By Spencer WoodmanPosted 06.21.2012 at 3:35 pm 0 Comments
One of the most vexing problems that confronted surgeons after they completed the first successful human organ transplant, in 1954, was: Where would they get more organs? Medical researchers have since figured out how to transplant hearts, eyes and even entire faces. But half a century later, they still struggle to keep up with the demand for parts. For example, in the U.S., every year 1,400 people die awaiting livers and 4,500 more awaiting kidneys.
“Our .50-caliber bullet can guide itself to a hit half a mile away”
By Larry Shipers, as told to Flora LichtmanPosted 06.07.2012 at 1:08 pm 27 Comments
For years, people have tried to come up with ways to steer bullets, and everyone has consistently said you can’t do it. And you couldn’t—if the bullet was spinning. A spinning bullet is too stable; you can’t apply enough force to turn it off its axis of revolution. The secret sauce is that our bullet doesn’t spin. It’s kind of like a musket ball, which doesn’t rotate, but with technology added to let us control where it goes.
By Stephanie WarrenPosted 05.24.2012 at 10:08 am 4 Comments
The problem: Although scientists have been studying deep-sea animals since the 1860s, they still don't know much about them. That's in large part because the fish, octopuses and other creatures that thrive at the bottom of the ocean die quickly at the surface. In some cases, the lower pressure and higher temperature melt the lipids in their cell membranes. Even hardier animals, such as crabs, can survive at sea level for no more than a few weeks.
Sometimes, in the name of progress, doctors have nobody to test their medical theories on but themselves. And in these five cases--though several of them perished from the self-inflicted experiments--that testing was warranted, leading to key advances in the treatment of yellow fever, blunt force impact, ulcers, and more.
Last year, Nature and Science prepared to publish research describing how to mutate H5N1, a deadly bird flu, into more-contagious forms. The papers could help scientists create a treatment should a similar mutation occur in nature. But according to the U.S. government, the papers could also help terrorists create a weapon.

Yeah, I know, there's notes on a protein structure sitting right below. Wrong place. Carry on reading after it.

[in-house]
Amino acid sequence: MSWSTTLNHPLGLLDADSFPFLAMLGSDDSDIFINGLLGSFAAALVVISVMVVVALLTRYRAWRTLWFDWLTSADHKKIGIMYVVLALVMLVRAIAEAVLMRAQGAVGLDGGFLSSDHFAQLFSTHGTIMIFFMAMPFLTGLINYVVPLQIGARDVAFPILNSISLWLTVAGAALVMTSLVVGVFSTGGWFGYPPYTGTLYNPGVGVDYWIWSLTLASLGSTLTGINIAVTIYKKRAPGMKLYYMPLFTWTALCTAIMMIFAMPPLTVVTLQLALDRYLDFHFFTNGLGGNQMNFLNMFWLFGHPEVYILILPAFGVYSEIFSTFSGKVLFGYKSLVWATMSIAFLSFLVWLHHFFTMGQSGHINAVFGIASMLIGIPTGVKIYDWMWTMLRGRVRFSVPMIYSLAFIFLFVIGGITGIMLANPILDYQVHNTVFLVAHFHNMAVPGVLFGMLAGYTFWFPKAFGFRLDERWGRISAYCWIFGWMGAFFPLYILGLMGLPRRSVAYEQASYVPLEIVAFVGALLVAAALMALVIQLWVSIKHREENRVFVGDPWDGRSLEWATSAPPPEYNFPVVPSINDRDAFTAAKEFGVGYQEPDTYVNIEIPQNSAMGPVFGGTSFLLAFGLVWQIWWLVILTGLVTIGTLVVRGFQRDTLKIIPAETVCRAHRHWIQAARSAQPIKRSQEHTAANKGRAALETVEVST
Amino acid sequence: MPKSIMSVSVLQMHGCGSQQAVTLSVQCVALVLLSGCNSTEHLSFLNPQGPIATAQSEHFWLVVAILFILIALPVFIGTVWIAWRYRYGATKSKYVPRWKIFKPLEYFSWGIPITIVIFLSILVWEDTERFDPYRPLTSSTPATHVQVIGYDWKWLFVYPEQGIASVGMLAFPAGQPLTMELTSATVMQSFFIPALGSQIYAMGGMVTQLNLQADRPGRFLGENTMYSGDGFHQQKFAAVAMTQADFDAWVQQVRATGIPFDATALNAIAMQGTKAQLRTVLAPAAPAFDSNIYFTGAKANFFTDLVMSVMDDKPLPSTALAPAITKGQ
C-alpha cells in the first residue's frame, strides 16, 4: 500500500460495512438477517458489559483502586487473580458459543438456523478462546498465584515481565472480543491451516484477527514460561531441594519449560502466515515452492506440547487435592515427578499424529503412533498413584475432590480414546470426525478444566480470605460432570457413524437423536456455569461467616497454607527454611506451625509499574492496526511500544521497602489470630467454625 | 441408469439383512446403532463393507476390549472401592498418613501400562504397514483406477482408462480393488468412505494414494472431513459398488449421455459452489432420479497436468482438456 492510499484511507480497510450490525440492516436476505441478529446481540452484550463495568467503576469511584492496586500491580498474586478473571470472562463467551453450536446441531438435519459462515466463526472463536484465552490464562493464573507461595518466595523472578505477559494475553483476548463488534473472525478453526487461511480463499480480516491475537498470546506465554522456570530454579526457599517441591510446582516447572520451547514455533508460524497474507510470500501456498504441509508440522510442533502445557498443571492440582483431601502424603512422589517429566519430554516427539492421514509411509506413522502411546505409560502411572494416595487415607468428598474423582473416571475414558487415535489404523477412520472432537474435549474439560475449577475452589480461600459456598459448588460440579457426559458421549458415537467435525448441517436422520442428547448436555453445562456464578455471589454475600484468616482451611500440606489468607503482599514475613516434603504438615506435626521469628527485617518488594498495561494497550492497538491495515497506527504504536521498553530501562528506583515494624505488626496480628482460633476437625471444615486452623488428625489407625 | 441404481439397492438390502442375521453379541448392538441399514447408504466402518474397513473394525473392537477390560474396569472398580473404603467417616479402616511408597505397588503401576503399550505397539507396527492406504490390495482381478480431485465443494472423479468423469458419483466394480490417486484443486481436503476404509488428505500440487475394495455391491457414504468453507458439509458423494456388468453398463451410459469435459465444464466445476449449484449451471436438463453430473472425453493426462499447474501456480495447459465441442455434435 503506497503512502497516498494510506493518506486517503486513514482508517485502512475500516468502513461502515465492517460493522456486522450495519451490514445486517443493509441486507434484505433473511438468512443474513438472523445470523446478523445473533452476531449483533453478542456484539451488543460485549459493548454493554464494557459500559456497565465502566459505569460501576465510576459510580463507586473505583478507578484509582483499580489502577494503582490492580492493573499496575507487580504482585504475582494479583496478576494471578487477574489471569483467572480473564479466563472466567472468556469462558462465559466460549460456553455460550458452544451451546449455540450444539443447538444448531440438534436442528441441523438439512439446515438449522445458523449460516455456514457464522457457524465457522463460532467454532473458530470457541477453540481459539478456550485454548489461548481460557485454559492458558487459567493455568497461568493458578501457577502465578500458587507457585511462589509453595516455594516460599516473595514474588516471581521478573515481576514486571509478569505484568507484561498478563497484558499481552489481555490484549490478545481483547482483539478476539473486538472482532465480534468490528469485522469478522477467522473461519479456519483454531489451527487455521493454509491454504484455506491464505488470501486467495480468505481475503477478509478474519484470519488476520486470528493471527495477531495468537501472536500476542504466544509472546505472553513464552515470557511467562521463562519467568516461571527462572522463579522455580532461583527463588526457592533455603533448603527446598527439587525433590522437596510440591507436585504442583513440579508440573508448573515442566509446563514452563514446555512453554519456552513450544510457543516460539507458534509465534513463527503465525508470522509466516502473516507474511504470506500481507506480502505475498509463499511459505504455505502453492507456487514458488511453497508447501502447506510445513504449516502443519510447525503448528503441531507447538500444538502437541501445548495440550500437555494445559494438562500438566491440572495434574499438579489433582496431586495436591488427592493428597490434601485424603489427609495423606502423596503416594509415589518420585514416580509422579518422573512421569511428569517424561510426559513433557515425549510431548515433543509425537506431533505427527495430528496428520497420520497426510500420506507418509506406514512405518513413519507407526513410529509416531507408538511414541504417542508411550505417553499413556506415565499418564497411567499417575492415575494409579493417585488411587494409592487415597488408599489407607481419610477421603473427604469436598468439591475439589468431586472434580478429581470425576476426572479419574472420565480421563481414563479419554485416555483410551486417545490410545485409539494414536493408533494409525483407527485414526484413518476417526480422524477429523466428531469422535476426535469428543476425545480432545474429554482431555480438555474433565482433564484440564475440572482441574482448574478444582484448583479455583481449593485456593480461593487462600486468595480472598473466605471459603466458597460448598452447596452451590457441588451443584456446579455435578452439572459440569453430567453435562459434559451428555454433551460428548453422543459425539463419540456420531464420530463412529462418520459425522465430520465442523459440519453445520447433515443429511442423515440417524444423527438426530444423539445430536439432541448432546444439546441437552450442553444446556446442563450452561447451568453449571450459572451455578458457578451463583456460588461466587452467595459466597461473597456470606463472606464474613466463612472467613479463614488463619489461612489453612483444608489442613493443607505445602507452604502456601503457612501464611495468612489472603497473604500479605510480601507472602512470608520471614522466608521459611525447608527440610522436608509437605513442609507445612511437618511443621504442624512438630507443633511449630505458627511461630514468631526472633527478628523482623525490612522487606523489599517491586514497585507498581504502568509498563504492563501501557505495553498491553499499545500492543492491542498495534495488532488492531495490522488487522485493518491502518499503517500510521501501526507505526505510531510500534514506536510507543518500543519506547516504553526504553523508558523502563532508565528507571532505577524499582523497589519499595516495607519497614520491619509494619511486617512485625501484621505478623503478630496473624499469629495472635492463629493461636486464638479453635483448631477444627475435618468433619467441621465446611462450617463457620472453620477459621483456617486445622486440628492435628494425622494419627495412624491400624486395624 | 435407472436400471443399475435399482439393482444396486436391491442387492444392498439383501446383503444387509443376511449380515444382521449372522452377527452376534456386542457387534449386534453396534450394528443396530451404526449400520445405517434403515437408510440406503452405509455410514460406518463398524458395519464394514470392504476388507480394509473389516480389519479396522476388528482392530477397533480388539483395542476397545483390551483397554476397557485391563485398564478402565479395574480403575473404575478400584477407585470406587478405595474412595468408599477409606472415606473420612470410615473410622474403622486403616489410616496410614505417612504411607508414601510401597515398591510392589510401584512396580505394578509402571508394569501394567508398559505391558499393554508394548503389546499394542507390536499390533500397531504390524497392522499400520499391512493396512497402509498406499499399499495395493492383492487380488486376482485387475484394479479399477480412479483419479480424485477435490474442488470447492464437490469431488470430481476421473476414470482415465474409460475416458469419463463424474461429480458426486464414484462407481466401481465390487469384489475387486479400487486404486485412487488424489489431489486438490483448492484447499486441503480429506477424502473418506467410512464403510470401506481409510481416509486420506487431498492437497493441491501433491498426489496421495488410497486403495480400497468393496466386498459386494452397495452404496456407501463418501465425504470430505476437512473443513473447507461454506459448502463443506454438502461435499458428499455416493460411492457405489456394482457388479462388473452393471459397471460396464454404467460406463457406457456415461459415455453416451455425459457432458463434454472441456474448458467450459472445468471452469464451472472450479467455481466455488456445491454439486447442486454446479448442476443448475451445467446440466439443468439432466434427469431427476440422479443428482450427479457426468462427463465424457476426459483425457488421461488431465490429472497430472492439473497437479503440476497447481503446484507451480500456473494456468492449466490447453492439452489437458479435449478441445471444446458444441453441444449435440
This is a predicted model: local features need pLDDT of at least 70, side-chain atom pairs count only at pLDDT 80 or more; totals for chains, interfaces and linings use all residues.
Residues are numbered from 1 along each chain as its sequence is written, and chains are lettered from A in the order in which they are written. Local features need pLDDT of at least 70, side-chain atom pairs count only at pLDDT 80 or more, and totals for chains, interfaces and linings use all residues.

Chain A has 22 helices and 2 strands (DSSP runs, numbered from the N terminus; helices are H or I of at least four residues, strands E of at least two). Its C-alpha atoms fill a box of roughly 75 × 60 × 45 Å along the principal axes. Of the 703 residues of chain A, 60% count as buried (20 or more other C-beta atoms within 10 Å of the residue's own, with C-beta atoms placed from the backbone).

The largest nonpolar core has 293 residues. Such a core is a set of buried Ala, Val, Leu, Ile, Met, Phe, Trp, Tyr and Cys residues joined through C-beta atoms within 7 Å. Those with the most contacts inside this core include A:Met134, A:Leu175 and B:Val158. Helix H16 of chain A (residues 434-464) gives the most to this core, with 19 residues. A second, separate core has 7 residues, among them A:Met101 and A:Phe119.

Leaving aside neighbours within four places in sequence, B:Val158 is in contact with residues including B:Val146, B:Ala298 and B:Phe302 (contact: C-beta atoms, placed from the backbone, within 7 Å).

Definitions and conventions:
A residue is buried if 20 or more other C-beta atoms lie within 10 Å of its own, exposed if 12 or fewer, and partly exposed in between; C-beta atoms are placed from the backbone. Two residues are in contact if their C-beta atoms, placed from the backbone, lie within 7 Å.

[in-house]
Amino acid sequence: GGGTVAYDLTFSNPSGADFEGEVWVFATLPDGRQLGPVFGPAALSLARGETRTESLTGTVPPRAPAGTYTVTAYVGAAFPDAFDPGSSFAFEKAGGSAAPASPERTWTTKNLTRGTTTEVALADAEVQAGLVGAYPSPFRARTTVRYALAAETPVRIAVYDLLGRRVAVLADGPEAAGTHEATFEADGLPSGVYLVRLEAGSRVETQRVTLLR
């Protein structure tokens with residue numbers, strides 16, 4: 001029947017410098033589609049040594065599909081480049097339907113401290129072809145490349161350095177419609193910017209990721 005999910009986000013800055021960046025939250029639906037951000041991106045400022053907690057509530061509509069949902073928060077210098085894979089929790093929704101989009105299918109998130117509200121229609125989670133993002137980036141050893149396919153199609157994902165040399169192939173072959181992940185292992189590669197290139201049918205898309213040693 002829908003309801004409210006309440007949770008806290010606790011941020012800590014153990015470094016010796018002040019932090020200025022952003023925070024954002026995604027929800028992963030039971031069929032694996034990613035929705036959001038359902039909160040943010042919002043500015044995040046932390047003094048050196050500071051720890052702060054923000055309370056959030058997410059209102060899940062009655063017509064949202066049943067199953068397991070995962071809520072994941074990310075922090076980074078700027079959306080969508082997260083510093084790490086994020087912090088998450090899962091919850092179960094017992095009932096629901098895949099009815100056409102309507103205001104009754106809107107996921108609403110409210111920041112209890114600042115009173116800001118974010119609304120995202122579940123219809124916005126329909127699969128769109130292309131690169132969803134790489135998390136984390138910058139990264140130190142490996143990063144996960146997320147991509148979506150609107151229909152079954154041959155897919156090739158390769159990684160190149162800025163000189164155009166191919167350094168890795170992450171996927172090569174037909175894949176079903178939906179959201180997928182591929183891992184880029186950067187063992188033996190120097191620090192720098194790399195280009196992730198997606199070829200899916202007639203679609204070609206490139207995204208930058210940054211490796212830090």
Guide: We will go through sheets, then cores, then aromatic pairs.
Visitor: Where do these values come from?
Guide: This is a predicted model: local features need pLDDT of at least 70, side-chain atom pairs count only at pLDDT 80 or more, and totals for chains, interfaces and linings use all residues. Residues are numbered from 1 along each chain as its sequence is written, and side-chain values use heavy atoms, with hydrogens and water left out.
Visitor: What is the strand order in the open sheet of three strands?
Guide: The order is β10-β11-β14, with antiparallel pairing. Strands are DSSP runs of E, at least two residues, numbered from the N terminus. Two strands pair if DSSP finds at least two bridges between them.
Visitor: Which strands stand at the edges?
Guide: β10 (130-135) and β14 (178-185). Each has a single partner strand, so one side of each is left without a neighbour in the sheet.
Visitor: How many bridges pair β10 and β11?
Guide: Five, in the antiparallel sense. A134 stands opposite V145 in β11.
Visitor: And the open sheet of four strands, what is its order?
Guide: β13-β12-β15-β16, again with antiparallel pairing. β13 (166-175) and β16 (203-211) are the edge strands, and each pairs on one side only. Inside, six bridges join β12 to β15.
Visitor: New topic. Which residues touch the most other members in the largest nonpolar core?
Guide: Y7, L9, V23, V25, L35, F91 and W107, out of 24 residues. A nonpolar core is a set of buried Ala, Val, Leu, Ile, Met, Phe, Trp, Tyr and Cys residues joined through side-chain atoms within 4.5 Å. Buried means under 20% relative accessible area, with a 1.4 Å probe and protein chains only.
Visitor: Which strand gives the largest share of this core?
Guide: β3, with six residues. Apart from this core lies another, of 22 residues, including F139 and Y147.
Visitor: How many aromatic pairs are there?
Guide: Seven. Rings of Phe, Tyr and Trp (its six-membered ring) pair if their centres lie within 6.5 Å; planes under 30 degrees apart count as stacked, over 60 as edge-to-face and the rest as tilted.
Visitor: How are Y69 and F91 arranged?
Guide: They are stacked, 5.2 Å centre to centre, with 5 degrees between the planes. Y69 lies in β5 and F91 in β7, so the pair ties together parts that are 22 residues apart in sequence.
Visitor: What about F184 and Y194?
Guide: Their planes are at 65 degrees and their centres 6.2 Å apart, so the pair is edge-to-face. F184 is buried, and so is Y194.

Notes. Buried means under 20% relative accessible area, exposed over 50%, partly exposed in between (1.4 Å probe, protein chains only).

Barb Stuckey hands me a plastic tray of mashed potatoes sealed with an opaque layer of film. “We packaged these up over a year ago,” she says. The United States Potato Board has asked Stuckey and her colleagues at Mattson, a commercial food lab in Foster City, California, to devise a way to put fresh, ready-to-eat mashed potatoes into a package that can sit unrefrigerated on a supermarket shelf for months. Just open, warm, and serve.
By Vijay Kumar as told to Flora LichtmanPosted 04.30.2012 at 5:12 pm 3 Comments
If you want a robot to maneuver aggressively, it has to be small. As you scale things down, the “moment of inertia”—the resistance to angular motion—drops dramatically. Our nano-quadrotor robots are made to be as lightweight as possible: less than a fifth of a pound and palm-sized.
Society must make two big leaps in order to enable truly self-driving cars. The first is technological. Engineers need to improve today’s cars (which can warn a driver that he’s drifting out of his lane) beyond current Google and Darpa prototypes (which maintain the lane on their own) to the point where automobiles can edge forward through a construction zone while their owners sleep inside.
By Ryan BradleyPosted 04.20.2012 at 10:25 am 20 Comments
At London's Heathrow, which moves more international passengers than any other airport, the fuel jockeys of the Aircraft Service International Group oversee refueling. Filling an Airbus A380 can take two hours, at a rate of about 1,000 gallons per minute.
By Ryan BradleyPosted 04.17.2012 at 4:45 pm 4 Comments
Neri Oxman, the director of the Mediated Matter research group at the MIT Media Lab, designs skins and body armors inspired by human tissue. “Most patterns in nature—whether scales or spiderwebs—have some kind of logic that can be computationally modeled,” she says.